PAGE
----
September 22, 2012

Beauty or Beast? Or both perhaps? We’ve completed the “Mutant” ukulele to a point where we can string it up. It’s not entirely finished because we’ll be cutting on it and adjusting it for awhile, but it’s playable. Over the next few weeks we’ll be detailing the things we tried on this ukulele and discuss candidly whether they worked or not. Here are some images to get started.

The body is a semi-hollow asymmetric carving. The most striking feature however has to be the wide bladed neck and crooked head. In hindsight, I should’ve shaped the bridge. The rectangular shape looks odd amongst all the swooping curves.


From the back, “The Mutant” is a quite striking with it’s quilted maple body. In this view, the wide neck is very odd-looking and the unusual arrangement of the tuners catches your eye as well.

First impressions? It’s so weird, it’s actually a little difficult to evaluate. It is unlike any ukulele I’ve ever held. Personally,  I like the way it looks, but public reaction has been… um… well, polite. Which gives me the notion that visually, it’s just too much for many people. It’s certainly not for the traditionalist. But it’s compelling. When people see it, they want to try it… particularly the fat neck.

It’s incredibly comfortable to hold and play. This is standard for semi-hollows. At just 2 inches thick at it’s deepest, “The Mutant” snuggles right in close to your body. The body is shaped in nearly every plane and every direction.

The body of “The Mutant” is shaped in a modified Manzer wedge (named for luthier Linda Manzer who makes gorgeous guitars up in Canada). It is deeper on the side closest to the floor (to the left in this image) which rotates the body and fretboard toward you when you play it. There are simply no sharp edges at all on the body.

In the image immediately above, you can also see that the body curves dramatically along the top edge (to the right in the image) which gives your strumming arm a nice smooth place to rest. On a typical ukulele this would be a fairly sharp corner. Some guitars bevel this edge but this is one smooth curve that is pure comfort to rest on.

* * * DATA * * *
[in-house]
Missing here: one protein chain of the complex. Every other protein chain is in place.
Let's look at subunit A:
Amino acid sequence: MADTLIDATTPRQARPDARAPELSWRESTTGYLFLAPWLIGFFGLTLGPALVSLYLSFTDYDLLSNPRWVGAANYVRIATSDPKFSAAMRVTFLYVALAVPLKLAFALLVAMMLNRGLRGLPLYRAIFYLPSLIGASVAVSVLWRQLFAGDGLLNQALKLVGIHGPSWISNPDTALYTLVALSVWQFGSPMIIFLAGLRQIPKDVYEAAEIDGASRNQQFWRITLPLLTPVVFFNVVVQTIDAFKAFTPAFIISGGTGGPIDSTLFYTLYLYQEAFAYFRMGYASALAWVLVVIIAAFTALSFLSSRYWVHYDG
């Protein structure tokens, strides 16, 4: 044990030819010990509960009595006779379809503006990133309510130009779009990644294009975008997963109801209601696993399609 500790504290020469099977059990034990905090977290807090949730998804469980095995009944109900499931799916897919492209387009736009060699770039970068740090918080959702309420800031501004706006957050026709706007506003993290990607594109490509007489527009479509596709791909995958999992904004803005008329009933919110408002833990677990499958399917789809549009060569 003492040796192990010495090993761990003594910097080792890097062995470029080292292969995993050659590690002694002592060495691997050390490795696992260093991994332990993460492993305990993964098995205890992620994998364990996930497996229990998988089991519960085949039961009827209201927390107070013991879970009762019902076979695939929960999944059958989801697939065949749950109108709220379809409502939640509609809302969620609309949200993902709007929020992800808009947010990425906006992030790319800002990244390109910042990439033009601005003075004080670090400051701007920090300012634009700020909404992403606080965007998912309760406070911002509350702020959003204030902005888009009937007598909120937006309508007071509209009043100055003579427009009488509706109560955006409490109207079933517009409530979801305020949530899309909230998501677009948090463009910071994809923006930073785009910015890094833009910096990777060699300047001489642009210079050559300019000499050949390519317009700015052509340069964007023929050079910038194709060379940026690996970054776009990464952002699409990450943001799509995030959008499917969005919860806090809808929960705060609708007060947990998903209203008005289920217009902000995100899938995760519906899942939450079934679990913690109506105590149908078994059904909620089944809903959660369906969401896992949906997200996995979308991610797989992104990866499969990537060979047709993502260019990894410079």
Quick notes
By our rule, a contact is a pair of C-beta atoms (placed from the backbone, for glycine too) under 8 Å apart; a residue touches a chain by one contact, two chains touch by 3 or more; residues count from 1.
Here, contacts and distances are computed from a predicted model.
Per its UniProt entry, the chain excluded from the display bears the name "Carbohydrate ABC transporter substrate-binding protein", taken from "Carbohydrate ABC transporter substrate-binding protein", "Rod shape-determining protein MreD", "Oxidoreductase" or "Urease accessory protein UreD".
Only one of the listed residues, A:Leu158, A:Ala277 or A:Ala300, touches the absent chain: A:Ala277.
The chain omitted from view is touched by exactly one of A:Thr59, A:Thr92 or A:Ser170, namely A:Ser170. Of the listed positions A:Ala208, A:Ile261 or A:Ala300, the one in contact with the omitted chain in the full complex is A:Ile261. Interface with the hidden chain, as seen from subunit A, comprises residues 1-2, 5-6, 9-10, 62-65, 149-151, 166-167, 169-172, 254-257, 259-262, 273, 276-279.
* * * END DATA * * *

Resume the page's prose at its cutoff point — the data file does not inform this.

In this endview with the string-side up you can clearly see the curved edge where your strumming arm would rest. As I said, pure comfort.

The crux of the discussion obviously is the unusual neck. The design is meant to open up your fretting hand a bit more as you pick and make chords. That is, we moved the strings away from the lower edge of the fretboard. The spacing of the strings is actually the same as on our other ukuleles but the neck itself is considerably wider. Does it work? Yes… well, kind of…it’s hard to say…maybe not…I don’t know. To be honest you’d have to try it for yourself. It definitely feels different. Whether that different is better, or worse or just different… you’d have to decide. I’ll bet you’d like to at least try it though. It’s kind of a cool feeling to make a chord on the first string and not have your finger bent so acutely. I think it would work for someone who only plays one ukulele. If this was your one and only it might work swimmingly, but if you were to switch off with standard neck ukuleles, I could see that being problematic.

Since this is the key element of this experimental ukulele, I’ll go into it in more depth in another update. As well as discuss the odd shape of the head and unusual stringing pattern.

Any thoughts on “The Mutant”?

Smile when you play that!™




September 1, 2012

The “Mutant” ukulele is not so much an evolution as it is a alarming aberration. With its misshapen body and flat, twisted neck, its appearance is simultaneously horrifying and yet strangely compelling. It’s like a car accident… repulsive and yet you’re powerless to look away.  Perhaps one day the “Mutant” ukulele will be recognized as a ground-breaking beauty, but for now his is a face only a mother could love. Despite all that, his potential is tremendous. Here are the first pictures of this developing horror.  Buuahh Hah Ha!

“The Mutant” ukulele. A semi-hollow HardBody, FatBottom, electric, tenor ukulele with an experimental bladed offset neck and asymmetric body. Say that fast twice!



The “Mutant’s” body like out other HardBodies is carved from a single block of wood, in this case quilted Maple. The sides appear to be very thick but they are deeply undercut.


This end-view of the body shows how thin it is. The body is shaped in a Manzer wedge so it is deeper on the side closest to the floor. This give you a better view of the fretboard while you are playing.


There are nothing but smooth soft curves resting against your body as you hold the “Mutant”. Barely 2″ deep, it sits very close to you as you play. You will definitely feel as one with this ukulele.


The shape of this body is simply not possible with bent wood… molded carbon fibre maybe but not bent wood.


The Mutant’s neck i nearly 15mm wider than our standard neck so it requires this unique shape to provide full access to the first position frets.


The bladed neck is very wide but quite shallow. It’s like a machete.


So there it is, “The Mutant”. “Look away! I’m hideous!”